Milking and pre-calving cows are all out to grass, with plenty to go at. Growth is at 30kg dry matter (DM)/ha at our farm, Netherlands – more than double what we had last week.
It is grazing well, with good DM ever since the rain switched off. The other farm – Millands – has struggled as we battle geese grazing with the cows. Growth is starting to come now, as late January slurry and fertiliser kicks in.
Calving has gone better, with few milk fevers this year. However, we have had our first few cases of rotavirus in the calves again – a killer of calves and motivation.
We vaccinate for it in the dry cows, but still it seems to cause issues. Metabolic tests in the cows suggested low urea levels were the issues. Grass sorts that, and we shall see if it helps.
We have been building pHs steadily over the years, and are now heading up to 6.4pH. This has been done using only calcium lime to get a calcium-to-magnesium balance of nearer 6:1.The balance is now coming into line, and next year we may need to use magnesium lime for the first time in 20 years.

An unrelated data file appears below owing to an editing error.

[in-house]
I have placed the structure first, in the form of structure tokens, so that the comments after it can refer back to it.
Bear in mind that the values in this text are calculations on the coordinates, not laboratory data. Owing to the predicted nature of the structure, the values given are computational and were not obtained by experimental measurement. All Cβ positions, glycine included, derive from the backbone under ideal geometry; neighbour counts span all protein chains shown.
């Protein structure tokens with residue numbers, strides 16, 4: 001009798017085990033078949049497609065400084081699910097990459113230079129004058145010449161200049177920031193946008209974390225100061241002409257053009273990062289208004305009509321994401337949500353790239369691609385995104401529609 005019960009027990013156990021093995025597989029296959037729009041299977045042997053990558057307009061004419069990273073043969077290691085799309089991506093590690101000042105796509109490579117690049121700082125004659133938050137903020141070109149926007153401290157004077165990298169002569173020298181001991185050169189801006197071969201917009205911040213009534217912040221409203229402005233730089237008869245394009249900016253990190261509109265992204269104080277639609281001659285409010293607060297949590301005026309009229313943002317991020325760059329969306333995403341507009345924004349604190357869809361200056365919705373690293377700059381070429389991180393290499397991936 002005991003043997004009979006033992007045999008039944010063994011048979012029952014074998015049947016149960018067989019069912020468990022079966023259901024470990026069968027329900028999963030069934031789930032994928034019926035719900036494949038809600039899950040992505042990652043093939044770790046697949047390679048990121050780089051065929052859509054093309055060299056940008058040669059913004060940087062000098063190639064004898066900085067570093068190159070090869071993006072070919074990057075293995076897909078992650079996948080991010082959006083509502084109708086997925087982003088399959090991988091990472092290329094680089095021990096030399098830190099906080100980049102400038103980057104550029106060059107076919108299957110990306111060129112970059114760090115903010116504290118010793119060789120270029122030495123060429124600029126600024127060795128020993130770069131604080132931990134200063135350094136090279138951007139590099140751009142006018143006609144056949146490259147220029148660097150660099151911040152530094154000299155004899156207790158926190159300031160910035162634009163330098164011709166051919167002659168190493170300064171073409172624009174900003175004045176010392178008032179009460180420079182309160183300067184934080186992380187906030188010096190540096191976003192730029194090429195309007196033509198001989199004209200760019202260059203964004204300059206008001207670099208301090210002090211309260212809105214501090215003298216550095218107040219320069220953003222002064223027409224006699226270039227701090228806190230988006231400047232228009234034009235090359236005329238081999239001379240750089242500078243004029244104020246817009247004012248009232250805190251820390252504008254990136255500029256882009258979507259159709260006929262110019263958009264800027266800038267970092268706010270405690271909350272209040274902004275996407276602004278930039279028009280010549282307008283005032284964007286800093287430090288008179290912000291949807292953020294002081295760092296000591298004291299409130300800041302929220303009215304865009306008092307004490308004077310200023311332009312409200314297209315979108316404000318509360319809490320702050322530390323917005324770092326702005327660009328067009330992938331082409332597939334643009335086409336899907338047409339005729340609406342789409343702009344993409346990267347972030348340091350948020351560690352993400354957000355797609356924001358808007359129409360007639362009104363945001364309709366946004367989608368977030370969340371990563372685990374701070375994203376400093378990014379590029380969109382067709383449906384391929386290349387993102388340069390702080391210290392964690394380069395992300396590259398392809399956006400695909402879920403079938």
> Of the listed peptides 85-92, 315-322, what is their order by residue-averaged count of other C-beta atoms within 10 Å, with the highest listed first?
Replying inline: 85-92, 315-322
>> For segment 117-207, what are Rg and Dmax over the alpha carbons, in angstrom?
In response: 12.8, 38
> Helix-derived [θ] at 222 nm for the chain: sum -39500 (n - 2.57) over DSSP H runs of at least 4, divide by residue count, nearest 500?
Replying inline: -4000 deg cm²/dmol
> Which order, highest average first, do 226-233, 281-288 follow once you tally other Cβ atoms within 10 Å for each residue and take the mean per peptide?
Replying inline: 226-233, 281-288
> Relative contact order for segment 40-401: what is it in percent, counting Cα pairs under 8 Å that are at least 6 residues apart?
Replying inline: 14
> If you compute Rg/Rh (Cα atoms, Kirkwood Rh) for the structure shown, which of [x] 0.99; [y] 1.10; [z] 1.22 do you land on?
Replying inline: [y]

P and K levels have been building steadily using digestate, and we now need to address the sodium as well as sulphur levels in both grazing and silage fields.
We’ve just starting ploughing to reseed with some new Aber varieties. They have great DM growth figures, and we will see how they persist up here.
We are all amazed with the way coronavirus has unravelled around the world. Even the prime minister has been in intensive care.
The shopping habits of the British public through all this have given real succour to us farmers as we feed our nation again. My butcher can’t prepare the stuff quick enough.
This past week has been a roller-coaster ride, as we must all now cut milk production. Like other industries we can’t escape the pain.
The biggest bugbear has to be the lack of available social occasions, as all invitations get binned with sad resignation.
At least social distancing comes naturally to us farmers.
Read more about Ayrshire dairy farmer Wallace Hendrie